header image materials science

Materials Science

Solar Cells and Photovoltaics

Studied with TRPL Imaging and Carrier Diffusion Mapping

Investigations of solar cells, photovoltaic devices, and semiconductors are essential to enhance their electronic and optical properties as well as the efficiency of their preparation methods. We present a powerful toolbox of non-destructive time-resolved spectroscopy and microscopy techniques for researchers. The combination of  these two techniques enables investigations of photophysical properties of semiconductors on a whole new level.

CIGS based solar cells

Copper Indium Gallium Selenide (CIGS) based solar cells are classified as thin-film solar cells  due to their much thinner active layer compared to traditional silicon-based solar cells. This thin-film approach offers several advantages, such as reduced material costs and the ability to be integrated into flexible substrates.

The specific CIGS solar cells investigated here are built up as a stack starting with a Mo back contact on a glass substrate, followed by a 1.5 µm thick CIGS absorber layer, a 50 nm CdSe buffer layer, a 150 nm iZnO layer and topped off with a 300 nm thick ITO contact. A silver grid is layered over the top contact.

We thank Dr. Gay Brammertz (IMEC, Leuven, Belgium) for the CIGS samples.

Steady state and time-resolved emission spectra in different locations

Steady state and time-resolved emission spectra were recorded in two different locations using a FluoTime 300 spectrometer, with a 560 nm pulsed VisUV laser for excitation: one close to a silver grid line and the other roughly in the middle between two lines. Both show a broad, featureless band with a maximum at around 1250 nm.

The spectrometer was equipped with FluoMic add-on which is a wide field microscope. The sample was observed once with a 20x and once with a 40x objective. In the first case, the excitation spot had a diameter of about 60 µm, and the detection area about 10 µm. In the second case, the excitation spot was about 30 µm, and the detection area about 5 µm in diameter. The luminescence decays recorded at each location at 1250 nm emission wavelength are significantly affected by the objective change: their shape differs and the average lifetime increases.


Download our poster to learn more: Measuring Steady-state and Time-Resolved Photoluminescence of a Thin Film CIGS Solar Cell by a Positionable, Micrometer-Sized Observation Volume

Power-dependent time-resolved imaging

TRPL images of a CIGS solar cell acquired with low and high excitation powerPhotoluminescence decay curves acquired using different excitation intensities. Both photoluminescence spectra and decays of the CIGS solar cell are different depending on the excitation power. At higher excitation power the TRPL image obtained with the FluoMic add-on is getting more homogeneous due to saturation of trap states inside the sample. The lifetime is significantly affected by the applied power density.

Download our poster to learn more: Non-destructive photoluminescence investigation of PV devices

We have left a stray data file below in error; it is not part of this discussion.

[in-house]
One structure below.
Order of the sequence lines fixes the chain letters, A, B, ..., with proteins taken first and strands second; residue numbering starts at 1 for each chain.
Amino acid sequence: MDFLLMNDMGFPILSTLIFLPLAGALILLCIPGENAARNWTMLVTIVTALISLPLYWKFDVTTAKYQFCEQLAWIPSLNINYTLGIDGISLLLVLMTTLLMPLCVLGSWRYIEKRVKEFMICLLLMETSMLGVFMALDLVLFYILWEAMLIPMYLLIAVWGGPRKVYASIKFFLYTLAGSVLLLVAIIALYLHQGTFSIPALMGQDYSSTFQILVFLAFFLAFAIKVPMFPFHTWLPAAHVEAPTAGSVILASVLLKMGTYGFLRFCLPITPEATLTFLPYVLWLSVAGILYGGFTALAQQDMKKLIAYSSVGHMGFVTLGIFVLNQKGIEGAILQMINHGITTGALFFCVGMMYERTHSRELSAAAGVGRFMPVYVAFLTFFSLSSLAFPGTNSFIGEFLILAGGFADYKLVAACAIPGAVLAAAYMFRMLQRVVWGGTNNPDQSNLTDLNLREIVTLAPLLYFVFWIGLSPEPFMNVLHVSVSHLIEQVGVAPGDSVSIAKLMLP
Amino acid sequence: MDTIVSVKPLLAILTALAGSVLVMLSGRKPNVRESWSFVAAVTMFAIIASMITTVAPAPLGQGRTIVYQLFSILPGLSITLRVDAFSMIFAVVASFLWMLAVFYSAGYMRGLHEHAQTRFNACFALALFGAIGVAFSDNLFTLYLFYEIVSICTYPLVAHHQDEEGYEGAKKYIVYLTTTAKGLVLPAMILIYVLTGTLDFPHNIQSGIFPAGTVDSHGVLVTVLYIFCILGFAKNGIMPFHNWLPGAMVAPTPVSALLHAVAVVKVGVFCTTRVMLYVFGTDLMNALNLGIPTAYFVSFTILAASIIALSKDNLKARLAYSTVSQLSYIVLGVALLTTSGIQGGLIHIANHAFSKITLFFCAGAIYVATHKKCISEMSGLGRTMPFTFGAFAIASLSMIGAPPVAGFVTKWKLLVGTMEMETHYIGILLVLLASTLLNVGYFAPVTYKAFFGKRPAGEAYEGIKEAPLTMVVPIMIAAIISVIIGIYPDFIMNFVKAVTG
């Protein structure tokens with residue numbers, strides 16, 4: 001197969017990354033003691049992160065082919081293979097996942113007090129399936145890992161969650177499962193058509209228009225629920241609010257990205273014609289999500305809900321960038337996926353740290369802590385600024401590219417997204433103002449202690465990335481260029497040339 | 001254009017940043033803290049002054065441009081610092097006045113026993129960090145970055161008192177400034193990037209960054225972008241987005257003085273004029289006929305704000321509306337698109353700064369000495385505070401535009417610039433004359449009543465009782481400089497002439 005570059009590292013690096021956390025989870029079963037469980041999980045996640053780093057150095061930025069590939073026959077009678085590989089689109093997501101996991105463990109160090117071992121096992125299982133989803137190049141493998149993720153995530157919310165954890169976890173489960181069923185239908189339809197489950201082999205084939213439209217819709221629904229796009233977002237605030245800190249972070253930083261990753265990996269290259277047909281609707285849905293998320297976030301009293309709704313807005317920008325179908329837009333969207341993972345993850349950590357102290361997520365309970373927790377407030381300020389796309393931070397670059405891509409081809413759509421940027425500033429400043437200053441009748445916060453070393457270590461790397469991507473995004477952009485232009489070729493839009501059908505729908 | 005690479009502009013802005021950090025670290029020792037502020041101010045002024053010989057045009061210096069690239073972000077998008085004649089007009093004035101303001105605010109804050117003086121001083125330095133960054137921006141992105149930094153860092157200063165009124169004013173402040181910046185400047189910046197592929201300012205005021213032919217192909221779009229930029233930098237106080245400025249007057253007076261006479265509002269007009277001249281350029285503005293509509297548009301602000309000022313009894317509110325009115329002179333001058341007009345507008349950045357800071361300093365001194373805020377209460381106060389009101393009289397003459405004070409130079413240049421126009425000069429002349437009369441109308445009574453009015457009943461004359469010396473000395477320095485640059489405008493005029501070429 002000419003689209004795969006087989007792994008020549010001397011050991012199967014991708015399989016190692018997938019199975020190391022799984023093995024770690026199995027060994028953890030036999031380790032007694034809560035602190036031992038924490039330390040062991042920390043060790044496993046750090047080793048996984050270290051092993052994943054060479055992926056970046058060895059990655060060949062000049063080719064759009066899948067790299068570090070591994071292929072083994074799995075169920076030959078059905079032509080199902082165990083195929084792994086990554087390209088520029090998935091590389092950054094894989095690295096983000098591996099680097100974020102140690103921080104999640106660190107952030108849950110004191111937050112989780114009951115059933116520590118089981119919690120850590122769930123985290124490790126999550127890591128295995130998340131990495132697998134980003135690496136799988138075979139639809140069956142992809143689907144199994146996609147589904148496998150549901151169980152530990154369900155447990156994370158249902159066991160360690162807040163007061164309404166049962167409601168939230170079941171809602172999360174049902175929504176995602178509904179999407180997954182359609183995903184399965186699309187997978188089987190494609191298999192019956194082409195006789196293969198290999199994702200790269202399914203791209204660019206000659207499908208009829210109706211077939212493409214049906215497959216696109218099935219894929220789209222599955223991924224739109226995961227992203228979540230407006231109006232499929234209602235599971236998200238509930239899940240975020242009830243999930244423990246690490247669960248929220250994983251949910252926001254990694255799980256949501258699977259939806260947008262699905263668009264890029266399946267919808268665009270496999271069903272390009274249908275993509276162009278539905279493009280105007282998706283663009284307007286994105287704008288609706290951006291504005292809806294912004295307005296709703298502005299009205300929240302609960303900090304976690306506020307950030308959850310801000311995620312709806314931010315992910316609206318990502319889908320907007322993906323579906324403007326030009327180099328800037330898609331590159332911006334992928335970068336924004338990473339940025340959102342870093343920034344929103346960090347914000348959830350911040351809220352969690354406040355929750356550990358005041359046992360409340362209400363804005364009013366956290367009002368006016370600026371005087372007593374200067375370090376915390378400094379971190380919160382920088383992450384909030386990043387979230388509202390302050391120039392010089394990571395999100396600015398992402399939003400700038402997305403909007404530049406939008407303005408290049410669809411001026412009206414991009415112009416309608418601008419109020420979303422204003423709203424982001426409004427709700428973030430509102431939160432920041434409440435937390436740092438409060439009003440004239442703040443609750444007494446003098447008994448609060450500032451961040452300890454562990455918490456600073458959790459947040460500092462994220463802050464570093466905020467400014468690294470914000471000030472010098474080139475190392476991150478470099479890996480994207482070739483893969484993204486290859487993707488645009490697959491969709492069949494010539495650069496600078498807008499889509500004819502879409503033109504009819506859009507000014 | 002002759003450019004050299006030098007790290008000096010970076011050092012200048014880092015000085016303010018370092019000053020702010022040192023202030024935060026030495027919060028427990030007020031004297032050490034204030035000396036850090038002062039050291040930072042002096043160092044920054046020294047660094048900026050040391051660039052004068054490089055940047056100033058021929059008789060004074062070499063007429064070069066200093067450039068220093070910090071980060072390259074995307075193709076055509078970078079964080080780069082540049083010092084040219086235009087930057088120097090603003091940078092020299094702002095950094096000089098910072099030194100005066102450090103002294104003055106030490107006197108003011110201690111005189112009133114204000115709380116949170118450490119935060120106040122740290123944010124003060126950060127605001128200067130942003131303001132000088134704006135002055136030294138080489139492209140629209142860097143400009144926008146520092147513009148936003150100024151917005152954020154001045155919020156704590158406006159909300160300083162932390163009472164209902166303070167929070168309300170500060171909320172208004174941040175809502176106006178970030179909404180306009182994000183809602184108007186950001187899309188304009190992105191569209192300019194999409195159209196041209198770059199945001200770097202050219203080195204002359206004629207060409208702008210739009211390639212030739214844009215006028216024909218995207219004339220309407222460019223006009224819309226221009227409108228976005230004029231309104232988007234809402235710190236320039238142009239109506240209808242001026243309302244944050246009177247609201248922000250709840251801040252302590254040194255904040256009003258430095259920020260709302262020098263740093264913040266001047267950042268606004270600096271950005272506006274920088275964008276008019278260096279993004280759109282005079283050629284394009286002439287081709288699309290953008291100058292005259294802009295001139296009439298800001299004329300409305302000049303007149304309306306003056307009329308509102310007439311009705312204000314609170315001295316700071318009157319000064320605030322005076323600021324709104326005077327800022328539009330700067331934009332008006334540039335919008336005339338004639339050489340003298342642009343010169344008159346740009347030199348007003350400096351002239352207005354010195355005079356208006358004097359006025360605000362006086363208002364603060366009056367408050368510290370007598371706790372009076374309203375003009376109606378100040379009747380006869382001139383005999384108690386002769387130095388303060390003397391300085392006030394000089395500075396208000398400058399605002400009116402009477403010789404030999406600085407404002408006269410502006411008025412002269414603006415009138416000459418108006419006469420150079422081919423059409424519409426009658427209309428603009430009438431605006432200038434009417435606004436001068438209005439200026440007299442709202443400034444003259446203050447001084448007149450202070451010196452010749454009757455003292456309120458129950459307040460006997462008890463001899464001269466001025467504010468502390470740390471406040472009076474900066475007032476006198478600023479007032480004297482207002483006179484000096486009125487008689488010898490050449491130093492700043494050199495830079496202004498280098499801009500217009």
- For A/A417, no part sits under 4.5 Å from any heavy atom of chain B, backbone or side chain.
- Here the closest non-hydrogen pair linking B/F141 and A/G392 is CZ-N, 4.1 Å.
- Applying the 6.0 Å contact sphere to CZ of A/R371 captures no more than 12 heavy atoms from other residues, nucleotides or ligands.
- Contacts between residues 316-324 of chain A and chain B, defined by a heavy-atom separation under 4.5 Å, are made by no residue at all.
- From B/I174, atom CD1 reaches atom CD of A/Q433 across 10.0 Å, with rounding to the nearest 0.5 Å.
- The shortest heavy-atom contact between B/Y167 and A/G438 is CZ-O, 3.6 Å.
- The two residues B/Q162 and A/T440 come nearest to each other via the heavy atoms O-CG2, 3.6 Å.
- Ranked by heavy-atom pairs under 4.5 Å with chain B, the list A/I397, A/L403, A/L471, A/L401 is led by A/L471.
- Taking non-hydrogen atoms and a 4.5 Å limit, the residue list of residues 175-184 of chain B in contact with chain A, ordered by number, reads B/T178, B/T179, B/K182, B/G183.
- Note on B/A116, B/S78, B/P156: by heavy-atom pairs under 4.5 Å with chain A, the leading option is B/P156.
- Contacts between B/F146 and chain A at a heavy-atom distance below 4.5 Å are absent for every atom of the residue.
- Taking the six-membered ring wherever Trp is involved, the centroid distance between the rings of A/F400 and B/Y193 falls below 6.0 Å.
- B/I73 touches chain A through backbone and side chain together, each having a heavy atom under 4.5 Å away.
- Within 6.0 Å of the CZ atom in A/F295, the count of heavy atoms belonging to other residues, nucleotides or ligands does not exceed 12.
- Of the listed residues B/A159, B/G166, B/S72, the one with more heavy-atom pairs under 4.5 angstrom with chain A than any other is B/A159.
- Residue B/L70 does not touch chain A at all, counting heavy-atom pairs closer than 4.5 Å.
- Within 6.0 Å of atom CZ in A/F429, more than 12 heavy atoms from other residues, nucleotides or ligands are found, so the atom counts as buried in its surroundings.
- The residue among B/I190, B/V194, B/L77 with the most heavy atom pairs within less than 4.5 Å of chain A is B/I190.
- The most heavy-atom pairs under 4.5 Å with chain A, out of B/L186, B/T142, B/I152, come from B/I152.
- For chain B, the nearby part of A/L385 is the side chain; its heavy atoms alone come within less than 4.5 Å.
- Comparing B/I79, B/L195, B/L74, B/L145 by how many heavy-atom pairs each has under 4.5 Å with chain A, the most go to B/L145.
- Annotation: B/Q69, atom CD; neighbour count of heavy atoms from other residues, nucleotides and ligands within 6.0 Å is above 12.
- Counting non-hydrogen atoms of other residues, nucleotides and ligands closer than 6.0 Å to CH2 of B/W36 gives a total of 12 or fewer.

For carrier diffusion studies, a confocal setup is required. To avoid carrier dynamics, a widefield microscope with higher excitation densities is recommended.

TRPL imaging of weakly luminescent CIGS solar cells with SNSPD detectors

TRPL image of a CIGS solar cell acquired with SNSPD detectorSuperconducting nanowire single-photon detectors (SNSPDs), in terms of detector performance, stand out due to achievable close-to-unity detection efficiency in NIR spectral range, picosecond time resolution (down to < 20 ps (FWHM)), and low dark noise (< 100 counts/s). The high quantum efficiency is especially important for material science applications in the NIR-range beyond 1000 nm, where other available single photon detectors have low sensitivity, high dark noise and slow time response.

The sample was imaged with a MicroTime 100 time-resolved confocal microscope, using a 640 nm pulsed excitation laser, set to 40 MHz repetition rate and a power of 17 μW at the sample. The measurement time per pixel was 5 ms. Emitted fluorescence was fiber-coupled and guided to Single Quantum Eos SNSPDs. The decays below were obtained by point measurements of 30 s at the defect sites (blue) and away from the defect sites (red).

The very high sensitivity of the SNSPD as well as high temporal resolution clearly reveal the differences in the PL decay profiles of the defect and unquenched areas of the weakly luminescent thin-film CIGS sample even at low illumination levels.

Download our poster and publication to learn more:

FluoTime 250 spectrometerPicoQuant solutions to investigate solar cells and photovoltaics:

Questions? Contact us >

Perovskite solar cells

Metal halide perovskites are an important class of emerging semiconductors, exhibiting intriguing and often unexpected electronic properties. Perovskite solar cells have received significant research interest due to their promising combination of high efficiency, low-cost manufacturing, tunability and versatility. However, issues such as long-term stability and large-area fabrication, among others, need to be addressed for successful commercialization. On a more fundamental level, their complex charge carrier dynamics are poorly understood due to limited knowledge of defect physics and co-existence of various charge carrier recombination mechanisms.

If you want to learn about microscopic time-resolved photoluminescence techniques to study defects and carrier diffusion in perovskites, request the recordings of our recent webinars:

Characterization of carrier recombination with time-resolved photoluminescence spectroscopy